Thomas Jefferson Papers

To Thomas Jefferson from Thomas Cooper, 1 September 1820

1 Sep. 1820.

Dear Sir

I wrote hastily yesterday for fear of losing the post. But as I believe I am in time to day, I write to say that I think there is nothing to be apprehended at Columbia in point of health. There is no swamp, no stagnant water near it; the mist of the River grounds, has never been known to cross the main street; and during the three last years, it has not only been healthy, but singularly so. This year has furnished no exception to its general character so far as I know. We have yellow fever in and near Water Street in this City, and about a case a day on the average, since the bulletins of the board of Health have appeared. It may spread, but no alarm prevails as yet, among men of usual information.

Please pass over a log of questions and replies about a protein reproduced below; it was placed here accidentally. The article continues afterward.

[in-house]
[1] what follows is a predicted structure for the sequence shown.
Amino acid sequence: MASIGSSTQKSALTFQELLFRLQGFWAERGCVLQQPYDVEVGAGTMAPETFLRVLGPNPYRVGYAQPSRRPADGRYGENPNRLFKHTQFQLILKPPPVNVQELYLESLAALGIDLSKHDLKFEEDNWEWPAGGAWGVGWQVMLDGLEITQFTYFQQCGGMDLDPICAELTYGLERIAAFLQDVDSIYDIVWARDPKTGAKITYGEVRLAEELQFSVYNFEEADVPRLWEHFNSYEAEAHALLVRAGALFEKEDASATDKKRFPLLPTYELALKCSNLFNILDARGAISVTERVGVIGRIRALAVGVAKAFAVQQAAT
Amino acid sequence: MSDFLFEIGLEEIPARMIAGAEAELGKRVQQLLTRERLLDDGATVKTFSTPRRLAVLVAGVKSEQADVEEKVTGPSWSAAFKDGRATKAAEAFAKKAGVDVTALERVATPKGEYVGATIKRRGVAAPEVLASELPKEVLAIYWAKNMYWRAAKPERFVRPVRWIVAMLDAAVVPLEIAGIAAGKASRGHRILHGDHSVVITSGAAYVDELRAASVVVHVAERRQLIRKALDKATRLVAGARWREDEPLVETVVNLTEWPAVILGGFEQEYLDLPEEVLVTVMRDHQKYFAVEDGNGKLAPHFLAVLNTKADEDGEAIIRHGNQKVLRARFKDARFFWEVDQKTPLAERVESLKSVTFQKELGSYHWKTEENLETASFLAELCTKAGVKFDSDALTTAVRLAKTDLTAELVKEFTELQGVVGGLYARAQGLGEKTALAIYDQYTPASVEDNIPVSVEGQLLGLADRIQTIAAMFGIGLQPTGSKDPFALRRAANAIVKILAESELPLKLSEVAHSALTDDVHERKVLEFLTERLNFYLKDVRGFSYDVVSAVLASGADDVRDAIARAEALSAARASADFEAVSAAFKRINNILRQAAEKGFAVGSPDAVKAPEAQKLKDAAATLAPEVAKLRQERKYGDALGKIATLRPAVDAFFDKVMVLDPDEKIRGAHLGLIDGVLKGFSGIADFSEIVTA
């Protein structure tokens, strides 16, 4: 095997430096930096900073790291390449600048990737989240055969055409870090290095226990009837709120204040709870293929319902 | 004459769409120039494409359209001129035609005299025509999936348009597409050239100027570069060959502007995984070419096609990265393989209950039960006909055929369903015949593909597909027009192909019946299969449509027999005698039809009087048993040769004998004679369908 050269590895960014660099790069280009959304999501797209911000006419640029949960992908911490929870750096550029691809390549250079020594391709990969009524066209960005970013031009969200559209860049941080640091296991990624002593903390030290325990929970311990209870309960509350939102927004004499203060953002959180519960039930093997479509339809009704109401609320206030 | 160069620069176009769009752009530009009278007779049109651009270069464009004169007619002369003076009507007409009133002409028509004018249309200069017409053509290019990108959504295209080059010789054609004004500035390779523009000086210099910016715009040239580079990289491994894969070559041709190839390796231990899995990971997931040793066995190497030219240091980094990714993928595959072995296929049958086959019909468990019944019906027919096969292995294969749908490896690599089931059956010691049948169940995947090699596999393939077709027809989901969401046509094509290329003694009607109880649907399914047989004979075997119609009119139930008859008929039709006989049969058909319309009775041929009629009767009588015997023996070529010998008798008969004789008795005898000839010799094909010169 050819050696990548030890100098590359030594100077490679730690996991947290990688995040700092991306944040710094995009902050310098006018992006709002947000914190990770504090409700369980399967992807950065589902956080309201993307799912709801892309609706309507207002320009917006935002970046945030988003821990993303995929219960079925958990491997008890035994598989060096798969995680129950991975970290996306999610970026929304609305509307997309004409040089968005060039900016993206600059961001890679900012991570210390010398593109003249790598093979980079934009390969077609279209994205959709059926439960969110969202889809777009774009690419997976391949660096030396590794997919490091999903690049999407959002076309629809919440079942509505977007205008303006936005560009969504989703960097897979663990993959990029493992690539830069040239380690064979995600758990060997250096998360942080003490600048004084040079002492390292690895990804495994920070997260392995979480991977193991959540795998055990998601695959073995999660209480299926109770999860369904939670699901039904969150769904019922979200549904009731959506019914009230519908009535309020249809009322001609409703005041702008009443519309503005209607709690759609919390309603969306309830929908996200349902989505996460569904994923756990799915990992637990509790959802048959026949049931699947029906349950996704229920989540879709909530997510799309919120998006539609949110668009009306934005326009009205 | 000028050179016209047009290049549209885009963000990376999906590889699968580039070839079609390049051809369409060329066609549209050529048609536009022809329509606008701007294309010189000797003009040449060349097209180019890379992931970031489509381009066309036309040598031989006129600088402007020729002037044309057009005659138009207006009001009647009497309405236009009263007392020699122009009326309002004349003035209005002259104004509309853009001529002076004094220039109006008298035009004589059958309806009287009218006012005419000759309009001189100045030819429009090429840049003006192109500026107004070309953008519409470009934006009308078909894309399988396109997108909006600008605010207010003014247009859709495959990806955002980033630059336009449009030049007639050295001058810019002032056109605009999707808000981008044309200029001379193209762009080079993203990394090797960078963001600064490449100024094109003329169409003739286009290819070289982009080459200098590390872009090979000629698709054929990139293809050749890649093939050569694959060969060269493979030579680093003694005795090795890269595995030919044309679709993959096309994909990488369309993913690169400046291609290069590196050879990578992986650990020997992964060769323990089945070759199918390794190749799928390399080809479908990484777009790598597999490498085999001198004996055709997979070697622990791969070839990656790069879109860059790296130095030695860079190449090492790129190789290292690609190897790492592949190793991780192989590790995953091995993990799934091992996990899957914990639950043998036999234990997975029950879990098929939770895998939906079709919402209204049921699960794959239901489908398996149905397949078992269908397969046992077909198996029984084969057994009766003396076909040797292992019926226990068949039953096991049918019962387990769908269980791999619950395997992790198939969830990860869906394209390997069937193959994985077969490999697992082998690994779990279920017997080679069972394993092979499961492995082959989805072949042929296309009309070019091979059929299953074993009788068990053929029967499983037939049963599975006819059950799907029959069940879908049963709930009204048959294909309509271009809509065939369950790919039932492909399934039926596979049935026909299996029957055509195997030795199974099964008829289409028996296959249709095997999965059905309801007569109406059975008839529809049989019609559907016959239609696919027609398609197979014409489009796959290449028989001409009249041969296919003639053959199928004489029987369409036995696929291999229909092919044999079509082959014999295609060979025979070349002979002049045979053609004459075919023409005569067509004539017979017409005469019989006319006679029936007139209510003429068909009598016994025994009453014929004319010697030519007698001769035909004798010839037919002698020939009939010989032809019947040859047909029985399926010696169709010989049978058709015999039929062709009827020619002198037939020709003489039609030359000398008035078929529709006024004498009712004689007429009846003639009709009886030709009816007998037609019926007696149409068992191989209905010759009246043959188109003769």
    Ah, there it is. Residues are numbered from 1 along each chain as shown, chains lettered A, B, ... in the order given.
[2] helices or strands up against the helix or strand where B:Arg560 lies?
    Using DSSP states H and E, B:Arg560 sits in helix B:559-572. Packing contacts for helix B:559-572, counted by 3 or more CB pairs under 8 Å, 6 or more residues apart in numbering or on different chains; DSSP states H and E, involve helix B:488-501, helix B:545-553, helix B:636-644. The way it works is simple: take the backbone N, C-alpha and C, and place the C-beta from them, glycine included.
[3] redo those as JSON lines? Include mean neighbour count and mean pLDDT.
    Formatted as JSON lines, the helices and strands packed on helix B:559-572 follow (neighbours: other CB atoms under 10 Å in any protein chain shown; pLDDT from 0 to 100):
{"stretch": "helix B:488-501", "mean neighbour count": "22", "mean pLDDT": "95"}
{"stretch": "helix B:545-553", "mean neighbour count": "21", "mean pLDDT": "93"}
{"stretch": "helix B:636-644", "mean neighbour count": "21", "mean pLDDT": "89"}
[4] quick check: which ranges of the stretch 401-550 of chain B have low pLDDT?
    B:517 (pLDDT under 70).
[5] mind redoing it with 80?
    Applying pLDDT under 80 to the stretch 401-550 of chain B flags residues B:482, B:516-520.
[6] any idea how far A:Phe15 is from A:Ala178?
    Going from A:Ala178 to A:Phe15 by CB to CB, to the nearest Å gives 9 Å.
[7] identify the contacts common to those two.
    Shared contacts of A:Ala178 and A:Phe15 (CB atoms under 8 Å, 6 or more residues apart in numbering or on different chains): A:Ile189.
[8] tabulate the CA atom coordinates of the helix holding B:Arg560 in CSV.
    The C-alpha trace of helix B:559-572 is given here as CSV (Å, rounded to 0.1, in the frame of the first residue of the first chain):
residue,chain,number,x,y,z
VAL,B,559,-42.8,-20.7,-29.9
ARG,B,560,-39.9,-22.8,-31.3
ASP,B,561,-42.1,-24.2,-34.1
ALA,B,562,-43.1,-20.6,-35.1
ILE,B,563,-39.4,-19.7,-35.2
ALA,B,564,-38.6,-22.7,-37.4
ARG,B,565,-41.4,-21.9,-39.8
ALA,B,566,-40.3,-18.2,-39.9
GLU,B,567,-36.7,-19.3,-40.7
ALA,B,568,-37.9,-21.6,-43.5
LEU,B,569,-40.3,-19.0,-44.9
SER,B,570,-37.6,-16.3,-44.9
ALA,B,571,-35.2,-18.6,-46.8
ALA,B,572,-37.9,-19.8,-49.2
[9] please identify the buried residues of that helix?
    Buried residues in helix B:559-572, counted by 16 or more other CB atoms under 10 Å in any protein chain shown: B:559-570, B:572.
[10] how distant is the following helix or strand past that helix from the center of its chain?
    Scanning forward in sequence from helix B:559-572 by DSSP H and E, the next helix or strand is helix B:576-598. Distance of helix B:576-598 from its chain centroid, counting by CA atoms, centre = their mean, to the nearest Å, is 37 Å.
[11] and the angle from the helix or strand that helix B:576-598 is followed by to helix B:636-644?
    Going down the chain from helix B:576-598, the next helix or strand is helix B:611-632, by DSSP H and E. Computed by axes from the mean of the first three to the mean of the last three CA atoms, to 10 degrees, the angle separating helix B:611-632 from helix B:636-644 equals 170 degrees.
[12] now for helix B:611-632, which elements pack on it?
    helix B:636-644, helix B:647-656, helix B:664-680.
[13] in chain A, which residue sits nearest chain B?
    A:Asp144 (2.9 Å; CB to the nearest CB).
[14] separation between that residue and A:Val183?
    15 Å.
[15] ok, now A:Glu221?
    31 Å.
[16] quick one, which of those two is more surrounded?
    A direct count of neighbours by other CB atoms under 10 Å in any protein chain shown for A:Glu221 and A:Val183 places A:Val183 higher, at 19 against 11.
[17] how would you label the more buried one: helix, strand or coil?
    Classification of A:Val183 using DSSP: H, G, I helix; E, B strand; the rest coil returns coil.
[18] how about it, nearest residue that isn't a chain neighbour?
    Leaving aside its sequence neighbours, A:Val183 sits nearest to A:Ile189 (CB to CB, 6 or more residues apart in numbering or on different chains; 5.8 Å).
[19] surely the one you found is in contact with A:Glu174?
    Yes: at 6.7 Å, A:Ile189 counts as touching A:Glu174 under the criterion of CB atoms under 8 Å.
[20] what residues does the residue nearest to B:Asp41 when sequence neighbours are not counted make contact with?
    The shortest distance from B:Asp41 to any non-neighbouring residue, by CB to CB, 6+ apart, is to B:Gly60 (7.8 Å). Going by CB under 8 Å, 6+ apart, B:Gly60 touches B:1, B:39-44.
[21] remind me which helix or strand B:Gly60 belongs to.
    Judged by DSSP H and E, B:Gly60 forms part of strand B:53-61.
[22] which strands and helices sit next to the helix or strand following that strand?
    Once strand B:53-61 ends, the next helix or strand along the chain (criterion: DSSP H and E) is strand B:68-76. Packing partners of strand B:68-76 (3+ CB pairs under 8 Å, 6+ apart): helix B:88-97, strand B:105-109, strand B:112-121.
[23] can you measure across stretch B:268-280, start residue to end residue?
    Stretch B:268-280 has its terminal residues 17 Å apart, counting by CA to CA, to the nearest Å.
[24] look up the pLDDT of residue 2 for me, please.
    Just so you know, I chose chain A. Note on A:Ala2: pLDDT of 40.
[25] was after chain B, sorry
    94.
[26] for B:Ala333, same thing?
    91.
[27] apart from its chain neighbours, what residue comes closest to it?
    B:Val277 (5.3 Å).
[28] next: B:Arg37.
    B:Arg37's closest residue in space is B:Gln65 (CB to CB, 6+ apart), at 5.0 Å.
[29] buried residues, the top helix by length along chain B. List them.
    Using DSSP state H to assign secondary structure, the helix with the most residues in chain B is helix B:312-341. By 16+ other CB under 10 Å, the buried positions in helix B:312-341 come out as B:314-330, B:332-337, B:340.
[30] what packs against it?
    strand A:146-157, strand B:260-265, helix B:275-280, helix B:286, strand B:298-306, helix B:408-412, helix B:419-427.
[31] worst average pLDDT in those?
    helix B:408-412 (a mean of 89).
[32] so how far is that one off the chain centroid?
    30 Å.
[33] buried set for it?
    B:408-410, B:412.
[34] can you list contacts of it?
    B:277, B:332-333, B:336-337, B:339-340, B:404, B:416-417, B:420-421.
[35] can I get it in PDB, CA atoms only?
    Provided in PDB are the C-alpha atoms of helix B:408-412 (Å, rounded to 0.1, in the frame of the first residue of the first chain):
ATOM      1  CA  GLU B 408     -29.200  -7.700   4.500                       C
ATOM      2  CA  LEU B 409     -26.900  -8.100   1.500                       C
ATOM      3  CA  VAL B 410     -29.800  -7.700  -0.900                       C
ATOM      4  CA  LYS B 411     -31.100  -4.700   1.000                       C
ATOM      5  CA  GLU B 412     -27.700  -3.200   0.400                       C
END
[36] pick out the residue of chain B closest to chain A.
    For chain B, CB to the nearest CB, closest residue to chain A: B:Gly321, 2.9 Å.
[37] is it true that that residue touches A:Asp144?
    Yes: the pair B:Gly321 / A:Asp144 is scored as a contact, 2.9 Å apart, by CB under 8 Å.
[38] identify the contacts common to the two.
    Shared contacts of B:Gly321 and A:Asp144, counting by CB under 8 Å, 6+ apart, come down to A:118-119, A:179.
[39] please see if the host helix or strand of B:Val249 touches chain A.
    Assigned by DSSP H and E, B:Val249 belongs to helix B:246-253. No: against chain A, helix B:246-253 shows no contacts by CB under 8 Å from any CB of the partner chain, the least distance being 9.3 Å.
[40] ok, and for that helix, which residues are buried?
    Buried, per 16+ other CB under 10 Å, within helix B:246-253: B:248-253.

I send you to day, my article on Weights & Measures in the new edition of Willicks domestic Encyclopedia, which will out in about a month. Knowing the interest you have taken in this question, I thought it would amuse you.

Accept my respectful good wishes.

Thomas Cooper

MHi: Coolidge Collection.

Index Entries